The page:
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How To Change A Flat Tire

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On: Mon, Sep 5, 2011 at 9:21AM | By: Peter C Sessler

How To Change A Flat Tire

Today, we’ll take a look at another car-owning basic. It seems pretty simple to do, yet it can be very dangerous. It’s easy to get overconfident here, because it doesn’t seem to take a lot of mechanical ability.

There are two ways you can get a flat. The first is when you’re driving along. Suddenly, you’ll hear a progressively louder thump-thump sound and, quite likely, the car will begin to shake. Most people instinctively slow down and pull over to the side of the road. More dangerous is when you have a blow-out; that’s when the tire loses air pressure all at once. Depending on how fast you’re going, it’s very possible to lose control.

Hopefully, your car will have a spare (or a temporary spare) and jack. The first thing to do is to see how much air there is in the spare. If it feels hard, it’s probably OK. If it, too, is flat, call for a tow truck. Next, put the shifter in park, if you already haven’t done so, and engage the parking brake. Hopefully you’ll be on level ground but even if you are, find a rock or something you can wedge between the good tires and road surface to stop the car from rolling as it is jacked up.

Here’s where we separate the men from the boys. Before jacking up the car, take the lug wrench and loosen every nut on the flat. Don’t remove them yet, just loosen them. Sometimes they can be almost impossible to remove because a lot of repair shops use way to much force to tighten them. If you find that you can’t break the nuts loose or that the factory lug wrench starts slipping and rounding out the nuts, it’s time to call the tow truck. Many of the fairer sex will find it difficult to loosen the nuts anyway.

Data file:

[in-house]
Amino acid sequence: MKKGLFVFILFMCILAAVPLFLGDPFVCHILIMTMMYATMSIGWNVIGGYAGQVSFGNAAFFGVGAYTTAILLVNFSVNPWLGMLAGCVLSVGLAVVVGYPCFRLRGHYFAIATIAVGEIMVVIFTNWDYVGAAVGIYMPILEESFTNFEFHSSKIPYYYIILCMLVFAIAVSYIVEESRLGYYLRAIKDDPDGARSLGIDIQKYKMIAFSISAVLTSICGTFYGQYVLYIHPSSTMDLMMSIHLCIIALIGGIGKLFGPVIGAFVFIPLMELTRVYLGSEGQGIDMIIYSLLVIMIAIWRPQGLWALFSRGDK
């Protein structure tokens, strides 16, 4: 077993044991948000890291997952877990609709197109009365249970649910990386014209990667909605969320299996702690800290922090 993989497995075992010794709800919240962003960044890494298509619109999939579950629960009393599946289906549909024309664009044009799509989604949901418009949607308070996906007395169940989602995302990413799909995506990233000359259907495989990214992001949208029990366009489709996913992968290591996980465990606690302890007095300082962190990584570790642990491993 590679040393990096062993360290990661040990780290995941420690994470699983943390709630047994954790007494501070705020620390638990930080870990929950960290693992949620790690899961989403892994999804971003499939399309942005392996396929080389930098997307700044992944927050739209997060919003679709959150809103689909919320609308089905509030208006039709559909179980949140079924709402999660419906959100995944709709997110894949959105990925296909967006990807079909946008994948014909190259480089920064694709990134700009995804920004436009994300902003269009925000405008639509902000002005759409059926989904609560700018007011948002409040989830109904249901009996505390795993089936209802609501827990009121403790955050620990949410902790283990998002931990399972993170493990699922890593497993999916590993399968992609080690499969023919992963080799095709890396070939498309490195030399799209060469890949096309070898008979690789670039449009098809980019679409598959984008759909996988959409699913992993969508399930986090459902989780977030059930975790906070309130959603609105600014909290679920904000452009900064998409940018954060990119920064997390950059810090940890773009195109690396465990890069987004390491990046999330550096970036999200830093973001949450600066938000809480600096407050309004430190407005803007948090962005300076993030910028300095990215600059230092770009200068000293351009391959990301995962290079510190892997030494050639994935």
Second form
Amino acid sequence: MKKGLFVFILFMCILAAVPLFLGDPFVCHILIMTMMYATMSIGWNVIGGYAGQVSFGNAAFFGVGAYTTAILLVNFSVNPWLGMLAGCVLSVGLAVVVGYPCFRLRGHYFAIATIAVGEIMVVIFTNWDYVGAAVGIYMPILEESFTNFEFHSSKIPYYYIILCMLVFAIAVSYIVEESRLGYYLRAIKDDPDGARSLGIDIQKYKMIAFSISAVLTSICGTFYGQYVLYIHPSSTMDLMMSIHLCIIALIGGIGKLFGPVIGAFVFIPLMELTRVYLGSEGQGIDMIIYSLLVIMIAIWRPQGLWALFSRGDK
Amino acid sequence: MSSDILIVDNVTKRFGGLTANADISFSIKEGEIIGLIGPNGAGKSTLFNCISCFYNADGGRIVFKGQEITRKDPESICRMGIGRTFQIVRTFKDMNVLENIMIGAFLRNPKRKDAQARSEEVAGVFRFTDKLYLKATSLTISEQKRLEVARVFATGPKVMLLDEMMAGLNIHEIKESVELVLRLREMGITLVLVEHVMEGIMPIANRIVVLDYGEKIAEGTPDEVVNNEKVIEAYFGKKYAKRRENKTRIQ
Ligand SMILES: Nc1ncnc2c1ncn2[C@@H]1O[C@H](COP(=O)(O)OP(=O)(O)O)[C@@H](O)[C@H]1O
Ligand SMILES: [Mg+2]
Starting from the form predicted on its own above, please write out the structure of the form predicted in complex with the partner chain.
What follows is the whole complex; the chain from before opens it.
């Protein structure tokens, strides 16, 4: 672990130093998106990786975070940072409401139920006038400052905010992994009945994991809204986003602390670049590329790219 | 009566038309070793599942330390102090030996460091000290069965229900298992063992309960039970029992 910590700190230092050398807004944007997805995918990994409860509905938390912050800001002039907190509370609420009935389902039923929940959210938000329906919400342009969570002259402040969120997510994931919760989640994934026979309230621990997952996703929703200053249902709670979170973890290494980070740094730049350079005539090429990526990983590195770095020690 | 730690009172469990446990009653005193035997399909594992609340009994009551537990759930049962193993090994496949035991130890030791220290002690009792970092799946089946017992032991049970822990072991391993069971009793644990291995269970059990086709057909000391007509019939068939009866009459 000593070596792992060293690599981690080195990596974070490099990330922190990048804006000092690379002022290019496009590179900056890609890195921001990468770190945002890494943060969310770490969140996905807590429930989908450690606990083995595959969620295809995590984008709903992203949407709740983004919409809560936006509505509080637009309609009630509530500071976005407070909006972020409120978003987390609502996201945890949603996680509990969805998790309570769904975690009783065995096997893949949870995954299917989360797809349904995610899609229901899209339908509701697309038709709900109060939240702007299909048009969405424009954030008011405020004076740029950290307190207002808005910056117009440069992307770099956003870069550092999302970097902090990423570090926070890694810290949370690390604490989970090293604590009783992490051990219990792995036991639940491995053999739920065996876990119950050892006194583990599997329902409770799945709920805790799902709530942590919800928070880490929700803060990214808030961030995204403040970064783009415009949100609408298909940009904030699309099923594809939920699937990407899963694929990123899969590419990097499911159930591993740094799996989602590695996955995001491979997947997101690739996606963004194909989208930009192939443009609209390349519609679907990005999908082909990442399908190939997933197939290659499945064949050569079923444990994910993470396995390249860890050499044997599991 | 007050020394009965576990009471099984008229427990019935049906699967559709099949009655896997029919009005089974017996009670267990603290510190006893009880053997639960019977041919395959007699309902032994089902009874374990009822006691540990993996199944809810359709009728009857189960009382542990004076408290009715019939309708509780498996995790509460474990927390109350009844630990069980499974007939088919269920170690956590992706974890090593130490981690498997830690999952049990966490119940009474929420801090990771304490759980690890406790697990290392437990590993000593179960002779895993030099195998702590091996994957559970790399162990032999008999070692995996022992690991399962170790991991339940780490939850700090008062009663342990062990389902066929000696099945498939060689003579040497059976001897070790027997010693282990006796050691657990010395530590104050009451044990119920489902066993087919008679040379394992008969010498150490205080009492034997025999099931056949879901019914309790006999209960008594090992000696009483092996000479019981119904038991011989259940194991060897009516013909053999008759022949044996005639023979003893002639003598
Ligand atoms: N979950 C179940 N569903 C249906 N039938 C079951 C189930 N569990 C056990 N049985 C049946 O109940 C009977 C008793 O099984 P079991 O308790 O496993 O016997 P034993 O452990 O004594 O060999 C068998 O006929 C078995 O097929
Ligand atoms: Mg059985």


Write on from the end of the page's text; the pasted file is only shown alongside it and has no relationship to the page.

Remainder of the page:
If you’ve gotten the nuts loose, place the jack under the car according to the instructions in the owner’s manual or on the sticker that’s usually found by the spare tire or jack. Here, you’ll probably get a little dirty because you really should look exactly where you place the jack and that means getting down on your knees to look underneath the car. Jack the car up slowly until the tire is off the ground, loosen and remove the lug nuts, and then remove the flat tire. Then you can install the spare.

Hand-tighten the lug nuts and slowly let the car down. When the car is down, tighten the lug nuts, following an "X" pattern. Reinstall the wheel cover (if so equipped), put the jack and lug wrench away, and then drive to your local tire or service station to have the flat tire fixed or replaced. Having a full size spare makes it possible to put off fixing the flat—and it does happen. However, you can’t use a temporary spare for long or at cruising speeds.

The second way of getting a flat is discovering your car has a flat in the morning or after coming back from a shopping trip. You can, of course, repeat the procedure outlined above, but you may be able to get away by using a can of Fix-A-Flat (assuming you’re near a parts store or had the foresight to keep a can in the trunk). I’ve had excellent results with the stuff on slow leaks.

It’s possible to deal with punctures without replacing the flat tire as well. Again, assuming you carry a tire plug kit, you can stick a plug in the hole and drive off (after filling the tire or, again, a can of Fix-A-Flat will do as well).

If none of these methods work for you, you can always drive on the flat very slowly until you reach a service station. The tire will most likely be unusable and have to be replaced. But at least, you won’t get your hands dirty.



James Roberts | 8:48PM (Tue, Sep 6, 2011)

I would never suggest driving on a flat tire. I have seen too many people ruin very expensive rims by deciding they could make it home. Drive to a safe location, If you are not capable call AAA


Andrew3042 | 8:55AM (Wed, Sep 7, 2011)

Besides ruining the rim it can be very dangerous as the control is very limited with a flat tire.

  • Andrew3042

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